Yesterday turned into one of those days when there was quite a large amount of editing going on. I tidied up the English sounds for Ay Hyd y Nos, which will need a little more work today, cast a beady eye over Peace, My Heart, which is just about ready to go out into the big wide world, and then spent some time working on the commission for December, which is ticking along nicely at the moment, hopefully hitting the right balance by being easy to put together for the performers, but still interesting. Late in the afternoon I also received an email from Mark at Mary Abbots to the effect that they wanted to perform my Bath Responses on Sunday morning. These were originally for the girls’ choir at St. George’s for their tour to Bath, but I needed to re-clef them, for we only have men at Mary Abbots this coming Sunday. It also gave me the opportunity to correct a rather glaring wrong note – the piece sounds much better now!
It was therefore a day of odds and ends rather than endings and beginnings, but no matter, for I still made substantial progress, and everything is heading in the right direction. I also sniffed about a couple of other opportunities, so we shall see whether anything will eventually come of them. For the time being, though, I am still going to have to be very careful as far as spending money is concerned, at least until a few cheques and payments come in, but there is plenty to look forward to later in the year, and bits of work continue to drop into my inbox.
Today I intend to put to bed two of my recent projects – the choral score of Ar Hyd y Nos and Peace, My Heart. The orchestral version of the former does not need to be ready until the end of March, and it is already so far advanced that I am not going to lose any sleep over it. The latter merely needs a dedication to be added and one final listen to tidy up any loose ends before it is sent off. They should receive their premières in April and March respectively, my first of the year. With Thy Might should see the light of day in May, and Festive Voluntary in July, so the ball will start rolling before too long.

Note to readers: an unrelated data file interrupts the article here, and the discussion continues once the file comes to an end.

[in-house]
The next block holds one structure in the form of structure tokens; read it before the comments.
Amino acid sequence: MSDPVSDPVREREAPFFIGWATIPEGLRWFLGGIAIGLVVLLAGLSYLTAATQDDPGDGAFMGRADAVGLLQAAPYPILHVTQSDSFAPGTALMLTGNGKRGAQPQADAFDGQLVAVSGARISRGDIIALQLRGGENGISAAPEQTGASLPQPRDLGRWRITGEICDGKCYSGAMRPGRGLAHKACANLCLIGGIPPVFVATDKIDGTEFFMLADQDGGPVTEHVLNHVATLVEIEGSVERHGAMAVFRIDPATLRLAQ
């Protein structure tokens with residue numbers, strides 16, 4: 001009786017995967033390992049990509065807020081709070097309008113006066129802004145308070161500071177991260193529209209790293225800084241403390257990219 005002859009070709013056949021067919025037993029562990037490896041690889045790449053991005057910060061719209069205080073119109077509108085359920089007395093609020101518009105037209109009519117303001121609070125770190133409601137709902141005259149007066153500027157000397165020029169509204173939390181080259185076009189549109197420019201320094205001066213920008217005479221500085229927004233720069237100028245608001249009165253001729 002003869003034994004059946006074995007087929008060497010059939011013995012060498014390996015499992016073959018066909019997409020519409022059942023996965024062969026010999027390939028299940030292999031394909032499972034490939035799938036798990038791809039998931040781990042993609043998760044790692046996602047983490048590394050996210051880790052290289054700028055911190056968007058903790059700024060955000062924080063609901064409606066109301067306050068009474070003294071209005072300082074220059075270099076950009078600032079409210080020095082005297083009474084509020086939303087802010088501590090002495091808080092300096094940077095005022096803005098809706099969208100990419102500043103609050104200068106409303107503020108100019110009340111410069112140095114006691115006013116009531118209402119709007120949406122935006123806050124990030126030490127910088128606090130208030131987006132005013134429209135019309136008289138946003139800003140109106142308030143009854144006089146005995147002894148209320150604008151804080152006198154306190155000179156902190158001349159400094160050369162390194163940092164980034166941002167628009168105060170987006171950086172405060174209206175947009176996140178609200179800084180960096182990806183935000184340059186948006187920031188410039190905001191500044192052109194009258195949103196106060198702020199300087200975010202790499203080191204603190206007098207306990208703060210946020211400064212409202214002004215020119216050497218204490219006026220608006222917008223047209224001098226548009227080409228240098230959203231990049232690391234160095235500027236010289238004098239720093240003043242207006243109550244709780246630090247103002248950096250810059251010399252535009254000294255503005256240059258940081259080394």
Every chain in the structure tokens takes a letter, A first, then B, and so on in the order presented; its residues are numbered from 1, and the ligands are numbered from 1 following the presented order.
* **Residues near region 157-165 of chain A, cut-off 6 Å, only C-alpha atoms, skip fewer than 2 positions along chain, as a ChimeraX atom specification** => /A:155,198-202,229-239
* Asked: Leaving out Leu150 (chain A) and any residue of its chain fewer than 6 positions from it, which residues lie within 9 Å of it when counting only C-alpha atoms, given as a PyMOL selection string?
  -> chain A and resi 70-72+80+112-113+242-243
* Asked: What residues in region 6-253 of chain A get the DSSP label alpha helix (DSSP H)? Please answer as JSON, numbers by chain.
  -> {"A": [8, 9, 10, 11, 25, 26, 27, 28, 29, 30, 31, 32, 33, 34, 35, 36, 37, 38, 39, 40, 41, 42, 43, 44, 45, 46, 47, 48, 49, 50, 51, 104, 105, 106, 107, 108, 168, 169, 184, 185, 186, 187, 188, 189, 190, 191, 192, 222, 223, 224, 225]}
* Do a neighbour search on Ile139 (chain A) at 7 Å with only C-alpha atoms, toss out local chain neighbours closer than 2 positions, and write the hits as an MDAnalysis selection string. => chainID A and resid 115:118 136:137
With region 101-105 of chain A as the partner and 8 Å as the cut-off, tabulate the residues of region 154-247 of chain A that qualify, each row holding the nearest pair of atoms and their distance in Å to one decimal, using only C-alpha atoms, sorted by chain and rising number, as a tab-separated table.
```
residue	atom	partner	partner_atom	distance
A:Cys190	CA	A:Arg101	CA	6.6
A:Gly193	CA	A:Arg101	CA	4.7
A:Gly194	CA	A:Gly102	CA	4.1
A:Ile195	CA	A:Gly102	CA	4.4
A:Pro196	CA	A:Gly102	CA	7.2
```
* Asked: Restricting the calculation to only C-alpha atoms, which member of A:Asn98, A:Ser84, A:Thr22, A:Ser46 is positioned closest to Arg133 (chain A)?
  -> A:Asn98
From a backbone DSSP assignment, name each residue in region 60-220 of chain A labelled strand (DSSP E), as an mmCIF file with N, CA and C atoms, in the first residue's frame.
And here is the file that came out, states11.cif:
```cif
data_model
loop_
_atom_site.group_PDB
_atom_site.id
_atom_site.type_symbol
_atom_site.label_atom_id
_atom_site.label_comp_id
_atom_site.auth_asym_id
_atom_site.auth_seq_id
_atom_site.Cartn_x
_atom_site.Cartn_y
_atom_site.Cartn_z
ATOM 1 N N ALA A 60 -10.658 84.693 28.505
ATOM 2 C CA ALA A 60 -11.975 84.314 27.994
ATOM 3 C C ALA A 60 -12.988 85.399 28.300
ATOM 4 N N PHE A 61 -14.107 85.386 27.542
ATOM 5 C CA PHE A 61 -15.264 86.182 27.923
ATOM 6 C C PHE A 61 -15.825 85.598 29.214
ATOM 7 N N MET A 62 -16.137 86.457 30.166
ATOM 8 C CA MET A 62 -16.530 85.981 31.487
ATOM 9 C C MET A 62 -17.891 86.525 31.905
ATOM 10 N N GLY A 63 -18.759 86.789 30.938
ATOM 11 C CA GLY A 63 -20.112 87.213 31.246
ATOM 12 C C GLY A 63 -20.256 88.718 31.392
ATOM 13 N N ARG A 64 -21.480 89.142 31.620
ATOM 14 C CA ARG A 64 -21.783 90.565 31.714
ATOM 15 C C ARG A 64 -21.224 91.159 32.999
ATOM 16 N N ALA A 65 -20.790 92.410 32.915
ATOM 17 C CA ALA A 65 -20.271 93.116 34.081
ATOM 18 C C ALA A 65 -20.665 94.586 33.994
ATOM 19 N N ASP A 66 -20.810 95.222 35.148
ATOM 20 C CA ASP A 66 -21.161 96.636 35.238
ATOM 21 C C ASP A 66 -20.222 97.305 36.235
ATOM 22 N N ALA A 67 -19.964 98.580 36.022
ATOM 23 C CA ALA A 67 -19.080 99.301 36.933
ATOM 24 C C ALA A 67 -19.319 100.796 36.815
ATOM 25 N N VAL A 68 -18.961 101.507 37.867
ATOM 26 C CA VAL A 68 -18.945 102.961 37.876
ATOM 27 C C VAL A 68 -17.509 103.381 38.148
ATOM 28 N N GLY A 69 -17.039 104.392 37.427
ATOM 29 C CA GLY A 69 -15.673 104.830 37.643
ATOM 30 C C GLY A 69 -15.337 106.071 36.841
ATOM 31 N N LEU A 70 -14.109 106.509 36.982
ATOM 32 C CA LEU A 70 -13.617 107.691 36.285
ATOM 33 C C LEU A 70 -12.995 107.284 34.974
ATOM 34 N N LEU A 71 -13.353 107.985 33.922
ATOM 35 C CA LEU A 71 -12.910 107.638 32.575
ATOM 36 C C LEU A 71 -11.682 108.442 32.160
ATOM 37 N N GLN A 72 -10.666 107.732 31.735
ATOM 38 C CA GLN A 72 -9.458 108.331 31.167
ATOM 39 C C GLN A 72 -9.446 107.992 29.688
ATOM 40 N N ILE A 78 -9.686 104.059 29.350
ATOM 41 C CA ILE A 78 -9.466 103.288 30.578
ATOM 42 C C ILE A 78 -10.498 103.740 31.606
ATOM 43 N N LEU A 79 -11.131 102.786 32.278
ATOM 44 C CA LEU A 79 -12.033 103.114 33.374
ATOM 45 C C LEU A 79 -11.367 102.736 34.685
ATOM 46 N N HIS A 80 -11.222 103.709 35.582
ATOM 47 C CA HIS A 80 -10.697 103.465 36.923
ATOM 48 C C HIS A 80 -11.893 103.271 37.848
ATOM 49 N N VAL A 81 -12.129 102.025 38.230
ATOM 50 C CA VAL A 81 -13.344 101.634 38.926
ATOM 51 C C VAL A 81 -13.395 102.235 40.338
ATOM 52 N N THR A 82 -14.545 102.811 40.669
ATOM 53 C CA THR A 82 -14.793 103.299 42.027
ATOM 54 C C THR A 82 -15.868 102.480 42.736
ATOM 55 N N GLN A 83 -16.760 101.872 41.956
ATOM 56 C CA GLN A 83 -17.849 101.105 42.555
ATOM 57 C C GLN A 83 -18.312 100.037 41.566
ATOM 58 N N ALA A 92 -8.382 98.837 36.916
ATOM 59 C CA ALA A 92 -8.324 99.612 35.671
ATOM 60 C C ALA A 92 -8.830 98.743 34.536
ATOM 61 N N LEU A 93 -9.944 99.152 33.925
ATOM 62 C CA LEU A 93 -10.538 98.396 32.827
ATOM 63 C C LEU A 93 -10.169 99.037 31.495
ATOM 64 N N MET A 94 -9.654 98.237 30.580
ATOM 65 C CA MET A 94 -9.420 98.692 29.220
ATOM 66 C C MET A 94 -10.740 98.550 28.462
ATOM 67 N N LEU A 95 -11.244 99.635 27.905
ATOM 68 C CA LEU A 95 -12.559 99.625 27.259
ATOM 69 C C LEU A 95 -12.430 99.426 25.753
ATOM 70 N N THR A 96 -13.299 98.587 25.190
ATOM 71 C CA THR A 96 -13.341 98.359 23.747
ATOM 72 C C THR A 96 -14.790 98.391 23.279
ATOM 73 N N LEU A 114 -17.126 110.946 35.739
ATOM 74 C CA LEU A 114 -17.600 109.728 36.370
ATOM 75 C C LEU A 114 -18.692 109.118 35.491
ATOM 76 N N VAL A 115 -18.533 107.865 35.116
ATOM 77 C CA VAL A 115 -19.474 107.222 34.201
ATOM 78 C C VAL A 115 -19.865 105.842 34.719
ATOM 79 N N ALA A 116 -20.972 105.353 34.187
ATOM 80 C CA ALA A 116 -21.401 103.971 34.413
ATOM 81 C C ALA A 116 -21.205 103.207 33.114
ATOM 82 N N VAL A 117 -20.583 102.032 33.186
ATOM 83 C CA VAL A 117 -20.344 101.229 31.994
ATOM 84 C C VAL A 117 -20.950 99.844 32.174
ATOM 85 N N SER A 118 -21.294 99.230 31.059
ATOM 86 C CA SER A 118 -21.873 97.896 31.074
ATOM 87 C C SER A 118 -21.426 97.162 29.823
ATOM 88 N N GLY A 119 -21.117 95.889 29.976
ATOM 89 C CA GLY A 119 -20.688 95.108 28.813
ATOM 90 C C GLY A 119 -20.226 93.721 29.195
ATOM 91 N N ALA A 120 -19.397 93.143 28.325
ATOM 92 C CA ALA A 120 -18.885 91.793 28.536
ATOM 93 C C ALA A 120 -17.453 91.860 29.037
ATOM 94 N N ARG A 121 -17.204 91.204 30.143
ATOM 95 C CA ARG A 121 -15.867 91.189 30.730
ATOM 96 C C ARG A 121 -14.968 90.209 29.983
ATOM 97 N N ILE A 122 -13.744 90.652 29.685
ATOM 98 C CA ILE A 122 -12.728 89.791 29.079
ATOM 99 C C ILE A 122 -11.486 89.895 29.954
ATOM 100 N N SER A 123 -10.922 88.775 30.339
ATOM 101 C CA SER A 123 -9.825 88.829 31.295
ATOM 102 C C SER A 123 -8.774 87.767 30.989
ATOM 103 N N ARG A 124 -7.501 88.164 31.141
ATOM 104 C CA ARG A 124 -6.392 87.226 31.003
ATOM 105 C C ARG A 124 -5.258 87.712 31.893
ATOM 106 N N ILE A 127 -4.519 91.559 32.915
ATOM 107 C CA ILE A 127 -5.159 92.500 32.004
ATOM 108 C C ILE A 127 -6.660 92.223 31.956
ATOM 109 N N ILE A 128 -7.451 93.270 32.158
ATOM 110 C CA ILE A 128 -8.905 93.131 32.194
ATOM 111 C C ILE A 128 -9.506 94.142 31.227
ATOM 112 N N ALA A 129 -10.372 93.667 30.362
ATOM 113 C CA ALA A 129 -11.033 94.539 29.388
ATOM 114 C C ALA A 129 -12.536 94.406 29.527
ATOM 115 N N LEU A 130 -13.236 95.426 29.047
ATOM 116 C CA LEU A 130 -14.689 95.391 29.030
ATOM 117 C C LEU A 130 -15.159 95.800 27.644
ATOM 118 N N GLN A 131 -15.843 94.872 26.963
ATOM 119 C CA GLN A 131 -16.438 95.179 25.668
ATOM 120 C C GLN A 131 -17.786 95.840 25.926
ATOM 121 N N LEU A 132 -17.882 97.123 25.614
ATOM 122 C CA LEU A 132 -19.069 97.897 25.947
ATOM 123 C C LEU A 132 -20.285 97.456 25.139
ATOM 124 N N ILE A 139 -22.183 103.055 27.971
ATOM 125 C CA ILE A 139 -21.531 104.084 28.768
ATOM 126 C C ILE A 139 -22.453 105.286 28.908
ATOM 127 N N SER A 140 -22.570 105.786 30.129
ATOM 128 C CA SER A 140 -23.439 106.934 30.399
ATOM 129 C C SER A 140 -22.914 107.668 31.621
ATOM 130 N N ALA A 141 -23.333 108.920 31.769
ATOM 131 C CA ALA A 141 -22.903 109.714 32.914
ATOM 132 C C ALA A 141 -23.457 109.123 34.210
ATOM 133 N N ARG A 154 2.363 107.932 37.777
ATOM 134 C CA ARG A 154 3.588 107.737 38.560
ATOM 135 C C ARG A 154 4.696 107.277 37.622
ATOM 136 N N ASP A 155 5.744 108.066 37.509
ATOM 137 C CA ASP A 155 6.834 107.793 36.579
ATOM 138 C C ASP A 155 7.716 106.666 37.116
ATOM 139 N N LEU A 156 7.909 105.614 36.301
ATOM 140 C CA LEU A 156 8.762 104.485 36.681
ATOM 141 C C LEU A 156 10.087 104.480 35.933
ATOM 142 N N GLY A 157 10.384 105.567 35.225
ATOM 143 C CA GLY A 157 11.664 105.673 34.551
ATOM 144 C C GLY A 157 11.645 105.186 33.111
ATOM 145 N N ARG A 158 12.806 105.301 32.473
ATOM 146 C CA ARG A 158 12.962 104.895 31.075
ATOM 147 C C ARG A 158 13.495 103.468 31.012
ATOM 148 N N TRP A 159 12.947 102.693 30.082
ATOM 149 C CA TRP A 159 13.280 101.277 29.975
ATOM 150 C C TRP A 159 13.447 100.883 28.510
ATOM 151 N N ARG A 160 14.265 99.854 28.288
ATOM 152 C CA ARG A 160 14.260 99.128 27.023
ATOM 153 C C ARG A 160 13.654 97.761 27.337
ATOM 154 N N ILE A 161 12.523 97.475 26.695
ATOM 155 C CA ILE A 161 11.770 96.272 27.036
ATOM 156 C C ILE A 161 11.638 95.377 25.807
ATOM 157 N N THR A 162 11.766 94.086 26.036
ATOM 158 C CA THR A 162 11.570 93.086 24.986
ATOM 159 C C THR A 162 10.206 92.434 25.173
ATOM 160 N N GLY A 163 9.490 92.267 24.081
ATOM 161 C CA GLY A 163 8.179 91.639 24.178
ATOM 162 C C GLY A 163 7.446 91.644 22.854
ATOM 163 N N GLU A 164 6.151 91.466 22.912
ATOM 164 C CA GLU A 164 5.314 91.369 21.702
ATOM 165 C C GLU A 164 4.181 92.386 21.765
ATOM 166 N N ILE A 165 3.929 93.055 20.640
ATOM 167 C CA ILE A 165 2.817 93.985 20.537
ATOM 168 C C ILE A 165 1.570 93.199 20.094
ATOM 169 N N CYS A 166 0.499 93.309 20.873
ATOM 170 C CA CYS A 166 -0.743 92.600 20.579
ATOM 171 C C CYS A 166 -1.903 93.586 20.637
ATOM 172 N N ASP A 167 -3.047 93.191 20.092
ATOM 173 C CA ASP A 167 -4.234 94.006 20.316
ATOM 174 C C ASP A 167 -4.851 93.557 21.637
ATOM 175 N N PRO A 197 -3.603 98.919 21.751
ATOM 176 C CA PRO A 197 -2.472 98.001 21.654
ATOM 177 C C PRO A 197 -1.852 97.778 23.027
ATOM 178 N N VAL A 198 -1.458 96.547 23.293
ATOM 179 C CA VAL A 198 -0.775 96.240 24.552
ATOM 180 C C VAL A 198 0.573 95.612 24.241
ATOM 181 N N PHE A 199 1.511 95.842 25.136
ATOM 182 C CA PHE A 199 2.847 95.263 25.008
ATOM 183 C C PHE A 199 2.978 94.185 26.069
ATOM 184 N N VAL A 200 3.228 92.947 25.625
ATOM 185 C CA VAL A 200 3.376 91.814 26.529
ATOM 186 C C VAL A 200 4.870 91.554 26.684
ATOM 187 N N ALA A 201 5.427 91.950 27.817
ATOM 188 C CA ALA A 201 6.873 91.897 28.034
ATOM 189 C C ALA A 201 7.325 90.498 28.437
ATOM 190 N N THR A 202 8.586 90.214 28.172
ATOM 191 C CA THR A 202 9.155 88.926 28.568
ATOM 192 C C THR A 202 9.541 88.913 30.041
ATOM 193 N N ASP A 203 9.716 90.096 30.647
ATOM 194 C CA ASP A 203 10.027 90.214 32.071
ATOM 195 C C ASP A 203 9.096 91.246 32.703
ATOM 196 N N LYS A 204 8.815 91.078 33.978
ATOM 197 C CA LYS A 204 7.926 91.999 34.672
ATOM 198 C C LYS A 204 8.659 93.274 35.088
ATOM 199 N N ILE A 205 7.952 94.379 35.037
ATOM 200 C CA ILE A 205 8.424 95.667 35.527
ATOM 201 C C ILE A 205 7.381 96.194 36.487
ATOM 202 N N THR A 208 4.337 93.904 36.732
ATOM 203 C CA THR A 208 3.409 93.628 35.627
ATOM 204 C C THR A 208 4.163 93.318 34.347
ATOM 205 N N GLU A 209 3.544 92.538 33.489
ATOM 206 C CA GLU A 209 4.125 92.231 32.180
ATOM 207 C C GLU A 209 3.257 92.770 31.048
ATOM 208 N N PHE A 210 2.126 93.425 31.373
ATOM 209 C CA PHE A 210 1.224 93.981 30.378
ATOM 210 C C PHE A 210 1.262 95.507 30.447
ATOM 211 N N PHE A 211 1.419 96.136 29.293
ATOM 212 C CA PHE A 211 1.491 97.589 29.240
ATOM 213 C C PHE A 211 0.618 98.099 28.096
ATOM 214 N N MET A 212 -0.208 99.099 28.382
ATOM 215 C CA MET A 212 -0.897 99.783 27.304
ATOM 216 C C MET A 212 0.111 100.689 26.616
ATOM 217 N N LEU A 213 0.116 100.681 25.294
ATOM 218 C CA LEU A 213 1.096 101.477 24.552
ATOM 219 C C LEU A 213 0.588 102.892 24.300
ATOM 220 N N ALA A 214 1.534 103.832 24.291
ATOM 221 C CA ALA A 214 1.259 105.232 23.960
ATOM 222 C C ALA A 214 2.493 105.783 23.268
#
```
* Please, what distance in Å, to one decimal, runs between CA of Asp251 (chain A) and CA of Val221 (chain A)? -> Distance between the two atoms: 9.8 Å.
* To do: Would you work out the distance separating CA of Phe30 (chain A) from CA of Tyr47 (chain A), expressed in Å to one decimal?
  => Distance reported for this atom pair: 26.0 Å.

I worked on some lecture notes yesterday as well, getting to grips with the little tricks hidden in Powerpoint, and seeking out decent images of various composers. I have to cover quite a large topic (the post-Romantic musical crisis) in under an hour tonight, so I am optimistic that I am going to run out of time before I run out of material, but I took the opportunity to listen to some early Bartok (for some reason, he is never on my radar when I choose to listen to something) and some late Liszt, reminding myself once again how skewed our view of this man really is. If only people would stop listening to those virtuoso fireworks from his early career and seek out his mature pieces they would find an extraordinary mind. I was rather hoping that his anniversary year would lead to a more rounded view of him, but, alas, no. Dig out Nuages gris from the early 1880s and see if you can work out what Liszt is up to here, for it most certainly is not resting on laurels.
Although I use many other books and dictionaries, Grout and Palisca’s A History of Western Music is still my first port of call for a decent and readable overview, although I have not always agreed with everything in there.
I gave my school copy to a charity shop in 2010, partially because it was an old edition, but mainly because I now own the Folio Society edition, which is a joy to behold and touch. I visited some people on Tuesday who had wall to wall Folios on their shelves and I remarked how lucky they were, to which they replied that they had been collecting them since at least the late 50s. For all the convenience an e-reader may bring, it will never replace the tactile delight of one of those books for me, especially those pristine ones I pick up from charity shops in well-to-do areas.
The day pushes on and I need to get writing, editing, sending and so on. Let’s see what it may bring. If I get things done before time I might treat myself to reading some more of The Epic of Gilgamesh or The Periodic Table – in Folio, naturally.